But inescapably, I think we also know in some dark, subconscious place that the natural world was our first and, in a sense, our truest home. While we have gained immeasurably from the establishment of human civilization in that we no longer need concern ourselves with survival on a day-to-day basis, we have also lost something a little less tangible but no less real. While the modern world of lengthy communtes and desk jobs does feed our bodies, it often fails miserably to fill our spirits. There is a certain emptiness to our modern lives, lives in which all of our physical needs are met but in which our most basic human needs (community, a sense of purpose, an understanding of our role in the universe) usually go tragically unmet. All manner of people attempt to fill that emptiness with all manner of things, from religious fanaticism to unapologetic hedonism. In my mind, many of the destructive behaviors that people engage in come from a simple yearing for meaning. And for some, the answer to the search for meaning spurred by the spiritual emptiness of the modern world is a complete and total renunciation of that modern world. I wonder, did Treadwell and McCandless simply feel the ache from this void more acutely than the rest of us?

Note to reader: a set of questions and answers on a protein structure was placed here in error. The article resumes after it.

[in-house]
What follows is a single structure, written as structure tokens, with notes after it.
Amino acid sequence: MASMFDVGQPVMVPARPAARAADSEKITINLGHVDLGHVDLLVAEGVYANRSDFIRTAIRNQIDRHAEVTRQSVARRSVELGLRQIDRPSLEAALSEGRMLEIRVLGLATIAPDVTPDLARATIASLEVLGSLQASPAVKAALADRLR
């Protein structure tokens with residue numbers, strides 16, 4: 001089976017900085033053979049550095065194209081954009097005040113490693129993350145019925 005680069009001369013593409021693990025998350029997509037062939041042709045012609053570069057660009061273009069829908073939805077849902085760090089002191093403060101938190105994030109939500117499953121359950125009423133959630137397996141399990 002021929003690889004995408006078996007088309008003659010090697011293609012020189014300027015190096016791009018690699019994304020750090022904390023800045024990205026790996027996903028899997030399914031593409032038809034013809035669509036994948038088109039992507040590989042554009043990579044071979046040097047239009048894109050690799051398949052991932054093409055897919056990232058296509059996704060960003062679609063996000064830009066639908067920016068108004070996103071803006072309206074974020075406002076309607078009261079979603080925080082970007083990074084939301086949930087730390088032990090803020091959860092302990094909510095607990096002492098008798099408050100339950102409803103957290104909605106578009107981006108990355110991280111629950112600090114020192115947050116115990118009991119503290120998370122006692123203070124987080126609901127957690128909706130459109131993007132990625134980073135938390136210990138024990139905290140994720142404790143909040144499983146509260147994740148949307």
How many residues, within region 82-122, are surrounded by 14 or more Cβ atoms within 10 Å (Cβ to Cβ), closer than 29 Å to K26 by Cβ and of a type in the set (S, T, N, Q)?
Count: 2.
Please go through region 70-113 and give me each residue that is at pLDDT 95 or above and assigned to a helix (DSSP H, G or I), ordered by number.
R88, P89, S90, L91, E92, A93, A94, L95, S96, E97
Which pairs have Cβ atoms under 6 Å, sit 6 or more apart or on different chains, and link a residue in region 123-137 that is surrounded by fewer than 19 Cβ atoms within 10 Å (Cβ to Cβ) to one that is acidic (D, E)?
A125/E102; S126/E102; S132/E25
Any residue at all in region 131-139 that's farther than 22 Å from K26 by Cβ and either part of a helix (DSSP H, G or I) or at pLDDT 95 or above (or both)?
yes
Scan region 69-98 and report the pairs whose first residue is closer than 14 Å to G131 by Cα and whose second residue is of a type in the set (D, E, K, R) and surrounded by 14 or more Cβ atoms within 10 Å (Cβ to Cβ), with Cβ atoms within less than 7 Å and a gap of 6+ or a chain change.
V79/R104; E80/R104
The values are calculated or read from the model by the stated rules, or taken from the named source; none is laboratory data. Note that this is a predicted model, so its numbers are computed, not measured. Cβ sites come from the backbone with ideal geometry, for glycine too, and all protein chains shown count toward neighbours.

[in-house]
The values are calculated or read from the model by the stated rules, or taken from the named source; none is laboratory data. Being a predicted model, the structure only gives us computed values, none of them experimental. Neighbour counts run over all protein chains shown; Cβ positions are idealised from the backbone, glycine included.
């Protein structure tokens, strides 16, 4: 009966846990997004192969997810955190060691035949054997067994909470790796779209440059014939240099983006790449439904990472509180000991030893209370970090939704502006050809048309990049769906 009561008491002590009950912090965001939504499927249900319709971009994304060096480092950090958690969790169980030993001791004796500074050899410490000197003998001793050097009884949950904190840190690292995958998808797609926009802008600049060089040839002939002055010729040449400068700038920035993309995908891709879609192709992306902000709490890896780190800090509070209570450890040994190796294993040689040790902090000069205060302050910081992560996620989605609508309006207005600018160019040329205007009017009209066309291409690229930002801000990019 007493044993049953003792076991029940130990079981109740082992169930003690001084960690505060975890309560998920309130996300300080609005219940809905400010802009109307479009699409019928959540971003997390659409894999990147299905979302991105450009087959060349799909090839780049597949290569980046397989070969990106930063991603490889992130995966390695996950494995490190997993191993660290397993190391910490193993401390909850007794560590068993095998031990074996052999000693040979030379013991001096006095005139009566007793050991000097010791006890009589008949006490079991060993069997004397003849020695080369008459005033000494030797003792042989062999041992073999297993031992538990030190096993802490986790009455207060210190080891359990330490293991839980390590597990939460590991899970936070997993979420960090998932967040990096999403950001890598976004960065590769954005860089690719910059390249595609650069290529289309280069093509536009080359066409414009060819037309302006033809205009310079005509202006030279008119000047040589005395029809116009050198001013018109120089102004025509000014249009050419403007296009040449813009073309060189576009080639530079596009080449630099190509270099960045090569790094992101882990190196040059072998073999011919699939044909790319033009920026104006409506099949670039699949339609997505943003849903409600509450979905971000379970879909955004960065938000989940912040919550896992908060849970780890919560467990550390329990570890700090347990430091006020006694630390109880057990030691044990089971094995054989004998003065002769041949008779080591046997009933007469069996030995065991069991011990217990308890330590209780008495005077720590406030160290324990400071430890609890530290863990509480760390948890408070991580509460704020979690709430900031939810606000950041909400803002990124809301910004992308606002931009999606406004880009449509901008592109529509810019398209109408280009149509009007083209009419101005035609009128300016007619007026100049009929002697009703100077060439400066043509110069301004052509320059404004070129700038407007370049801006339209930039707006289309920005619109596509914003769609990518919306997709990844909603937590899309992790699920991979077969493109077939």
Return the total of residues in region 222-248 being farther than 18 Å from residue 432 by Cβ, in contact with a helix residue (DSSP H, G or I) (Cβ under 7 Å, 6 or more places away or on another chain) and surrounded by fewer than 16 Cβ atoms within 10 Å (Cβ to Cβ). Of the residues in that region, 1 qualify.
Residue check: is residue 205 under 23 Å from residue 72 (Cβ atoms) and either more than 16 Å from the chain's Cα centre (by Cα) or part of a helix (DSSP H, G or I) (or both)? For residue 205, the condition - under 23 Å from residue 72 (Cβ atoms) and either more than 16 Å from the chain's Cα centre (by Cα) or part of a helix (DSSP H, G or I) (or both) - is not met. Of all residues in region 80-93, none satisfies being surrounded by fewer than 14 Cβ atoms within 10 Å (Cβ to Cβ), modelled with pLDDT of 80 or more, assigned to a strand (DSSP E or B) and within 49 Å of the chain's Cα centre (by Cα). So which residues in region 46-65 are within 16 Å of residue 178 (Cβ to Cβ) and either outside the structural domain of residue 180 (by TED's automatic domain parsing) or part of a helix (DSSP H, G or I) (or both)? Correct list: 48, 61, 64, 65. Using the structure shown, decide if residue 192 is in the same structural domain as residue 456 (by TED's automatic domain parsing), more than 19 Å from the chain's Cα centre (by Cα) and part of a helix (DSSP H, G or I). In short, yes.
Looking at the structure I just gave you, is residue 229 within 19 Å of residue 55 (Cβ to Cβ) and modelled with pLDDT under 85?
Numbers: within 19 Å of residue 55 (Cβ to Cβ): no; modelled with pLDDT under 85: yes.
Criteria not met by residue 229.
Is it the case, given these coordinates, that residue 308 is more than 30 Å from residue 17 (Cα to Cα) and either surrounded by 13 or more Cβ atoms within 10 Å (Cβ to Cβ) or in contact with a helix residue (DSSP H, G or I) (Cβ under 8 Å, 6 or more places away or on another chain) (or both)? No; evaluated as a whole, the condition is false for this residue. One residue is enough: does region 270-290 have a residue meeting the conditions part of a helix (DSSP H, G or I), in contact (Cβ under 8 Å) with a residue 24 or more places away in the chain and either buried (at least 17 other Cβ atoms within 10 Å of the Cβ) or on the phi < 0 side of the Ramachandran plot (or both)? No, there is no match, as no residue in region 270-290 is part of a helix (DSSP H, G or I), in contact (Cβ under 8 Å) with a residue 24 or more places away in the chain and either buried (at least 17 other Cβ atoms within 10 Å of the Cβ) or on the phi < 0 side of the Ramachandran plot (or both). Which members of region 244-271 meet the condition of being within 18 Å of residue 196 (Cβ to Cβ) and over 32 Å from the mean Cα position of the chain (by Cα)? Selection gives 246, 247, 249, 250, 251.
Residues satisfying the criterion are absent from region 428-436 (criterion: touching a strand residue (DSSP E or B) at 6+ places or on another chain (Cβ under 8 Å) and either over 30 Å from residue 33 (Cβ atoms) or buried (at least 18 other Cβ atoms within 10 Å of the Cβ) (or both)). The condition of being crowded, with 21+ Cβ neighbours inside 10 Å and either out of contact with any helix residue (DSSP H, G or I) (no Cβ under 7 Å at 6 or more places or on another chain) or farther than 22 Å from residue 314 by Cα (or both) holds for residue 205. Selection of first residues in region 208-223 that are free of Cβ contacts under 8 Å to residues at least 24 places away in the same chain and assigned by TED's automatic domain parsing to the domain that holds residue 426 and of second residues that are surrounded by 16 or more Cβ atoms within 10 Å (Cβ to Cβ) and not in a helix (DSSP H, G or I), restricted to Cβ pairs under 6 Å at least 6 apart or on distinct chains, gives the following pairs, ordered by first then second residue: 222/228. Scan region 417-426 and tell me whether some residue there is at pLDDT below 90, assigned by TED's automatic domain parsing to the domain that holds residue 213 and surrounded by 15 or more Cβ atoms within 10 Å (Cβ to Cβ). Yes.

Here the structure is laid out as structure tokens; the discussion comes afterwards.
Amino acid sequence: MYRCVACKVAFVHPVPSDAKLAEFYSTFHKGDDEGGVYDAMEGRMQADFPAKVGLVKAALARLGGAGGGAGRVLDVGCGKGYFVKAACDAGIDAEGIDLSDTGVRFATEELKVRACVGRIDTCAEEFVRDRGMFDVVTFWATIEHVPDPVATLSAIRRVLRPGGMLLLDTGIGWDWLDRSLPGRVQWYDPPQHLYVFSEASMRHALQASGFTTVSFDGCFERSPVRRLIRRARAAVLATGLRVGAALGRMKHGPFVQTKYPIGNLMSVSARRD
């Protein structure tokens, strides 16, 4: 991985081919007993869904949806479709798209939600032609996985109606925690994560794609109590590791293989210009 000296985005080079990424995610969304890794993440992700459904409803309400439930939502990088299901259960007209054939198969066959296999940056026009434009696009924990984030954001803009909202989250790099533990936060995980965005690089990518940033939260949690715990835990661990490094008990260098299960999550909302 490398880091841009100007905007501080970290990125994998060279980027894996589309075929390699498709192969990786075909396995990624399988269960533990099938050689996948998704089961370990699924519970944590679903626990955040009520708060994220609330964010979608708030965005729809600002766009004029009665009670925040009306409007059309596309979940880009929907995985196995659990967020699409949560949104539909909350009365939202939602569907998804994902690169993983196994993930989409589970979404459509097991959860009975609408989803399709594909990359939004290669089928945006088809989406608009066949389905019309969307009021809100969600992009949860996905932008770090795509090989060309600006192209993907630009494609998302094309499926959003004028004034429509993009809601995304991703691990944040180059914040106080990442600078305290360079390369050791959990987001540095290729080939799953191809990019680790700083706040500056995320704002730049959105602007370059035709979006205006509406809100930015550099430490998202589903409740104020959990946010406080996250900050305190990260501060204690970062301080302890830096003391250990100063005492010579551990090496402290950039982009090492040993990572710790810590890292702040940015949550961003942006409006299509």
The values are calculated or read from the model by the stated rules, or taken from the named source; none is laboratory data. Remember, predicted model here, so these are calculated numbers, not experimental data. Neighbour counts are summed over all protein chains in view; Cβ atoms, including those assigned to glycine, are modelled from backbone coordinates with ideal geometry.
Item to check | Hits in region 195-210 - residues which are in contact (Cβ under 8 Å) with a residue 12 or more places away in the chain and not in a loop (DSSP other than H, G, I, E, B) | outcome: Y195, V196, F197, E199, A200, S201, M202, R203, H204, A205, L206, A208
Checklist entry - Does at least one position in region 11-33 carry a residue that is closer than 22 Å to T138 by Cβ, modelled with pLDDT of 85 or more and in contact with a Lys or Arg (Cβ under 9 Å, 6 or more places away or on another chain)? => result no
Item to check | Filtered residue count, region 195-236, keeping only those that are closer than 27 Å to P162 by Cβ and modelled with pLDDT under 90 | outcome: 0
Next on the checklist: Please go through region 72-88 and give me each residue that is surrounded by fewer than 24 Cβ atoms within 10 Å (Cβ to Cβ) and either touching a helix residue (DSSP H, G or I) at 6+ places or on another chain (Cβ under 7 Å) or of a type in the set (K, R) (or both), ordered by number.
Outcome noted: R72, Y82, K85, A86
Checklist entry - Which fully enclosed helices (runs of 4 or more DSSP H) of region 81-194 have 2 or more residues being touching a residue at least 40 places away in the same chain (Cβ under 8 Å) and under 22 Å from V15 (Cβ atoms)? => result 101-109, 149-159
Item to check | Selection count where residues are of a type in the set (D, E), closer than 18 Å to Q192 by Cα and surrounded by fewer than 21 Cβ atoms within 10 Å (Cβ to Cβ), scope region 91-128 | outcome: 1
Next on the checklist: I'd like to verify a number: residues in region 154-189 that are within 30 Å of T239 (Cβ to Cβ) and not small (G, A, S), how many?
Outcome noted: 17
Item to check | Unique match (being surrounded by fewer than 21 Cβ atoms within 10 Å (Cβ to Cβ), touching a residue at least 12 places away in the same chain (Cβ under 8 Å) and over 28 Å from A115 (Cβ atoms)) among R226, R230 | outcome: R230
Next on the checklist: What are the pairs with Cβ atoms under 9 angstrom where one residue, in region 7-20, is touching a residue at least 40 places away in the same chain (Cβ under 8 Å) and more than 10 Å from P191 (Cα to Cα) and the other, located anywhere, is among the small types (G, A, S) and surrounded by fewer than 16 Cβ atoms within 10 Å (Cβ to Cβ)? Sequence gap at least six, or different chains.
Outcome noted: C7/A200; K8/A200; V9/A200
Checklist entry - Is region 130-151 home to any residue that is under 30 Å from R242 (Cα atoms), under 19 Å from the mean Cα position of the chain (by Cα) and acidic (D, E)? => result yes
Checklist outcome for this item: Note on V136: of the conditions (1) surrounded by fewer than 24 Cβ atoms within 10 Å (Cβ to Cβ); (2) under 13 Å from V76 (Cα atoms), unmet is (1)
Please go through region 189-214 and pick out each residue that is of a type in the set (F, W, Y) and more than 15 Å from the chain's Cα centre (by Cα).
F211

Most people find a way to make peace with that spiritual void one way or another. We look for meaning wherever we can within the safe confines of the world that presents itself to us, and otherwise simply learn to distract ourselves. But I think there are a few individuals, like McCandless and Treadwell, for whom such a compromise will never be satisfactory. For better or worse (usually worse), they just cannot live in a world that doesn't give them the meaningful life they require. So they recreate themselves, and attempt to recreate their relationship to the world.
Perhaps I'm reading far too much into these stories. Even I myself am not entirely sure that I buy the idea that Treadwell was some kind of modern-day shaman. Just watch the scene in the film where he becomes practically orgasmic over discovering poop from one of his bears; no man who can get that excited about bear shit can be said to be playing with an entirely full deck. Maybe the guy was just plain nuts. But the way I see it, guys like McCandless and Treadwell are, at heart, simply people who won't compromise, won't live in a world that they find unacceptable. Maybe they are crazy. Or maybe those of us living in our condos and trudging to work every day have just allowed a certain part of ourselves to die quietly of in exchange for the security of modern society.